Cretaceous Easter Eggs

Researchers discover a 70-million-year-old egg that belonged to a small, bird-like meat-eating dinosaur.

Apr 9, 2012
Cristina Luiggi

DREAMSTIME, PAMELA HODSON

A 70-million-year-old egg dug up from sandstone deposits in the Catalonian Pyrenees in Spain bears an uncanny resemblance to a large, modern-day chicken egg. Although virtually nothing is known of the creature that laid the egg, paleontologists believe it was a small, meat-eating theropod with bird-like features and have named the species Sankofa pyrenaica.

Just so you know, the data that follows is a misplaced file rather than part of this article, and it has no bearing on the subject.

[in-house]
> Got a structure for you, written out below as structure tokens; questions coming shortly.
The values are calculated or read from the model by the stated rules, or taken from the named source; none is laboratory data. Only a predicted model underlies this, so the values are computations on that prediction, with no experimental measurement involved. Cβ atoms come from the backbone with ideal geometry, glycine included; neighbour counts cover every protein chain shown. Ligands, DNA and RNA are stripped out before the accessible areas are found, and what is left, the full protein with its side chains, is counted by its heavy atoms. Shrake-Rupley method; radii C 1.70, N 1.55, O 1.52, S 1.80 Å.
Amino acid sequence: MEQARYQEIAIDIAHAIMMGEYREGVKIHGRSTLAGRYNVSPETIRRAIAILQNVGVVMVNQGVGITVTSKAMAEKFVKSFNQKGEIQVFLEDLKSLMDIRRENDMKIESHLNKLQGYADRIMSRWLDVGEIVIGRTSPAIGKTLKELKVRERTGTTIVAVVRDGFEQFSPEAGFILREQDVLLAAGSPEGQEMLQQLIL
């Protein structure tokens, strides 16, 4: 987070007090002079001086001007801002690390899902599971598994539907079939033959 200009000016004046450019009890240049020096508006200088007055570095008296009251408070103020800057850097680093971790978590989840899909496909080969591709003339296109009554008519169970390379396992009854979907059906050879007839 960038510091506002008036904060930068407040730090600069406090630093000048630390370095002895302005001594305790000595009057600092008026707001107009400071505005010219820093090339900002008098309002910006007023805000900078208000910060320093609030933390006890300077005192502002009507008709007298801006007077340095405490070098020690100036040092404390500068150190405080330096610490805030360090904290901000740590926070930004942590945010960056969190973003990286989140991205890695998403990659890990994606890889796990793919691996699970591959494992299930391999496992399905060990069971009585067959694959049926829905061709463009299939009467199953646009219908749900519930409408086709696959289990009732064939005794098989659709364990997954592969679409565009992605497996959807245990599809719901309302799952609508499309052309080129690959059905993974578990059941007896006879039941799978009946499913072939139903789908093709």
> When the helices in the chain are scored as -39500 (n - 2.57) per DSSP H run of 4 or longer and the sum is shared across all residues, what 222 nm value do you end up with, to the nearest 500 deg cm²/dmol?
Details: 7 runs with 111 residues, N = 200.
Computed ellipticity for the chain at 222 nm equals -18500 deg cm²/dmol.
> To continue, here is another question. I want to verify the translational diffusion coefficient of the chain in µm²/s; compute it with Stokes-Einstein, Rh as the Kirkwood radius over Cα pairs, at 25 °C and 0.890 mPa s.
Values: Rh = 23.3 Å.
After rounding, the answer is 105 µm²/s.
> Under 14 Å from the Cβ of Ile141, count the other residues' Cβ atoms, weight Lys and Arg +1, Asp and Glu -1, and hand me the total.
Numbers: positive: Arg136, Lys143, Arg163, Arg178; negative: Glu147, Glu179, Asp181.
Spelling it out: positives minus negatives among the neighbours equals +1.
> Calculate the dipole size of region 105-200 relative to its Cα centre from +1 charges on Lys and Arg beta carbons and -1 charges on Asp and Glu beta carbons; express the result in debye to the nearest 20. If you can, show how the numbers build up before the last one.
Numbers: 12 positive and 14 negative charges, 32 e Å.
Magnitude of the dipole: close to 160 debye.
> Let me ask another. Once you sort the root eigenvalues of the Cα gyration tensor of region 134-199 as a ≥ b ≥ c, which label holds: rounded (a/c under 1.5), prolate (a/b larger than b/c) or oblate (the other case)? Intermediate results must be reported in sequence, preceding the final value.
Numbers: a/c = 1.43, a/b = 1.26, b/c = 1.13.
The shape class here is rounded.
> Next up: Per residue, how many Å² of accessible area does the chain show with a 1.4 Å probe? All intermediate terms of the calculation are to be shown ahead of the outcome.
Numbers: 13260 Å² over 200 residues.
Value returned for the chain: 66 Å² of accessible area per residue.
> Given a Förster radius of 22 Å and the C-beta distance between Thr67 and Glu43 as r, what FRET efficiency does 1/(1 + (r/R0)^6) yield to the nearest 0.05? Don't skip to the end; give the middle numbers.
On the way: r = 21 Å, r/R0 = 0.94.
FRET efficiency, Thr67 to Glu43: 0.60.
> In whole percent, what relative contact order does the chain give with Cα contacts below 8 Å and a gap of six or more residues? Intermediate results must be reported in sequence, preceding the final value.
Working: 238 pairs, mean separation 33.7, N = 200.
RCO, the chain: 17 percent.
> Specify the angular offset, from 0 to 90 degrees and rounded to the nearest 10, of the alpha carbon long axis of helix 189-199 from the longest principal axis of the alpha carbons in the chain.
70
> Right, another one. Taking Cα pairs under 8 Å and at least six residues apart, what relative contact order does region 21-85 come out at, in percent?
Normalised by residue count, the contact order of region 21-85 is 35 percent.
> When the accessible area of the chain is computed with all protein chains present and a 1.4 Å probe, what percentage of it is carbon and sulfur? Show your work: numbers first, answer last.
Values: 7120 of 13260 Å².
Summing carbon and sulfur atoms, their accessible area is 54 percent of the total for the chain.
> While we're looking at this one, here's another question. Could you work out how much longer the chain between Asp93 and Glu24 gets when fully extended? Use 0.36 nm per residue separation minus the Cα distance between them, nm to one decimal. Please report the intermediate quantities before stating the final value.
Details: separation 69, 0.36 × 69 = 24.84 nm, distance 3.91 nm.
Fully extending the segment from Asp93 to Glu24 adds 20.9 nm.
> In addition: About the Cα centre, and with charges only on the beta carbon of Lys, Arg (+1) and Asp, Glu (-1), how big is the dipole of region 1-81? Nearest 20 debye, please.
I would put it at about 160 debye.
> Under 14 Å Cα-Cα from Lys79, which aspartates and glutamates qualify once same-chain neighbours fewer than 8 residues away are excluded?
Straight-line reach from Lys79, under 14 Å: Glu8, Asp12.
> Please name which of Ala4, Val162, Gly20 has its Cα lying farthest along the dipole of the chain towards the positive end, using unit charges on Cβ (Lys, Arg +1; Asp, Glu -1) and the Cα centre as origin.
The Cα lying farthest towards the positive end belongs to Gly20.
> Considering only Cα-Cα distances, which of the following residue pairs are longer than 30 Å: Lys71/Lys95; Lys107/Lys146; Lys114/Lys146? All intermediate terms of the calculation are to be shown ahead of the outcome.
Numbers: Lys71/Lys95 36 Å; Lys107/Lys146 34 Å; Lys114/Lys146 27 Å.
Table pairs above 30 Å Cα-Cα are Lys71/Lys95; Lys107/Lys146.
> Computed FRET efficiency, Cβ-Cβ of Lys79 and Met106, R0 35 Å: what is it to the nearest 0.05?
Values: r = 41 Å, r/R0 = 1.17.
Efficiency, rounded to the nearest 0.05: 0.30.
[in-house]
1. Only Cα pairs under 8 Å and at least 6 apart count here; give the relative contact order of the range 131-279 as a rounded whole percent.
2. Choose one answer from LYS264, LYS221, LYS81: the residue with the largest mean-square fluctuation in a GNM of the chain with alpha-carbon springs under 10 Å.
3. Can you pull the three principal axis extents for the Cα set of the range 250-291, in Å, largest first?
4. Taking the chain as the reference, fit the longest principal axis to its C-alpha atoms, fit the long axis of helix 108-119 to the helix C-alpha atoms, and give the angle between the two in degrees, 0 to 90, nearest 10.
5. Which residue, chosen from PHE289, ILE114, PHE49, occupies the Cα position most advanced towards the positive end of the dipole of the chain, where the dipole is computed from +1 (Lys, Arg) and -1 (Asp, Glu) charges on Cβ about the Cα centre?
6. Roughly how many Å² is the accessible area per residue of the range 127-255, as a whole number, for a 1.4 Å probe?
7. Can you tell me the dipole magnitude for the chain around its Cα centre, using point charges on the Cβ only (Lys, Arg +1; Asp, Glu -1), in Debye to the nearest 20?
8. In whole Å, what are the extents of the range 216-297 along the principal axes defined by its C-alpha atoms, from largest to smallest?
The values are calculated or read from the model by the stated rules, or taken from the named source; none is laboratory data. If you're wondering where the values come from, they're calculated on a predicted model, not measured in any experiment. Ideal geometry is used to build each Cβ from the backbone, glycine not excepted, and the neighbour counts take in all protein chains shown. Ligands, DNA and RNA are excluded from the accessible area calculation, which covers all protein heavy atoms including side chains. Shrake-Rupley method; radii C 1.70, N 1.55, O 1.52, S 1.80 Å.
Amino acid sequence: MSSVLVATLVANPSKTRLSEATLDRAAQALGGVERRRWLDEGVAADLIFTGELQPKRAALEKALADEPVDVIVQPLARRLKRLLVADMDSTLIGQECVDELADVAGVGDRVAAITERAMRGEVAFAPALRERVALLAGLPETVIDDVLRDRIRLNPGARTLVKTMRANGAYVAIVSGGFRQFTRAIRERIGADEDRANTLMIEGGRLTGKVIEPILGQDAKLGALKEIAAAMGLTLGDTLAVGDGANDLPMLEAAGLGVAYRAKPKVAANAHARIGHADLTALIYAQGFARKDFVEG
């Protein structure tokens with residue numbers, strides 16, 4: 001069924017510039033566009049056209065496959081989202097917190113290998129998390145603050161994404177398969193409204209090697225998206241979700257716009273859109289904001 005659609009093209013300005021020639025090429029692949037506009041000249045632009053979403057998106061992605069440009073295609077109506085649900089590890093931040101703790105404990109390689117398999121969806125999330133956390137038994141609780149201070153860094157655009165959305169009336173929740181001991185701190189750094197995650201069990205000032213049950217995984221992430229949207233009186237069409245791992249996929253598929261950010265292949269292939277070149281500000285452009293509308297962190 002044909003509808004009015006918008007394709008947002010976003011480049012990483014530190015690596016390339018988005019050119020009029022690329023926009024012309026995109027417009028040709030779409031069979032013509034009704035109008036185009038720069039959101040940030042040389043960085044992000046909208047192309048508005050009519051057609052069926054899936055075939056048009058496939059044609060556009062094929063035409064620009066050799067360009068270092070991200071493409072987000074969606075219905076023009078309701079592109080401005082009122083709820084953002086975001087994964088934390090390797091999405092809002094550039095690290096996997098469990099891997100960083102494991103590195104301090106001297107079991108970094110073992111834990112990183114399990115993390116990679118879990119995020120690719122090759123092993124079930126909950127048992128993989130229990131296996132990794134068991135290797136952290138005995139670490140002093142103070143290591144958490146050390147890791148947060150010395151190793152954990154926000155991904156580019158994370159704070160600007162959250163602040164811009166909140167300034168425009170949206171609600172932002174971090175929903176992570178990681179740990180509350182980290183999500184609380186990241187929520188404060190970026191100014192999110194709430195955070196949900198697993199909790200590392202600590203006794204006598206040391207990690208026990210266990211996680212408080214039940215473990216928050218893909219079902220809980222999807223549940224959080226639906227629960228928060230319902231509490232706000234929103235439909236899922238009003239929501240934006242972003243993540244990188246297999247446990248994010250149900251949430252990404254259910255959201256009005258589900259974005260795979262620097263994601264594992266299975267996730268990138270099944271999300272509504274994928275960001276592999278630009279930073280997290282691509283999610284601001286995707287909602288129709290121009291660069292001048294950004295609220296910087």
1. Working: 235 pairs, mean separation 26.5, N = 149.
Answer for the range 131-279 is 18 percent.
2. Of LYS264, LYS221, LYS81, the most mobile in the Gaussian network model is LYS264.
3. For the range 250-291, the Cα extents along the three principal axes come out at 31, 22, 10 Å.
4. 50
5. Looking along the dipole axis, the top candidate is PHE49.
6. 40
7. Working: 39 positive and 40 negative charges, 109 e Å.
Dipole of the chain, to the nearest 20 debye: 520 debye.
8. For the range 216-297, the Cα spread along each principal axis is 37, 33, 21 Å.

A comprehensive analysis of bird and dinosaur eggs revealed that the Sankofa egg is of an intermediate shape between those of dinosaurs, which tend to be oblong and symmetrical, and modern bird eggs, which are asymmetrical at the poles. A closer look at the structure of the shell, however, revealed it differed from modern birds by having only two hard shell layers, like other dinosaur eggs, as opposed to three.

“Their analysis, which hasn’t been attempted before, makes these new fossil eggs found in northern Spain sort of transitional between modern birds and small meat-eating dinosaurs,” paleontologist Darla Zelenitsky of the University of Calgary, told Wired Science.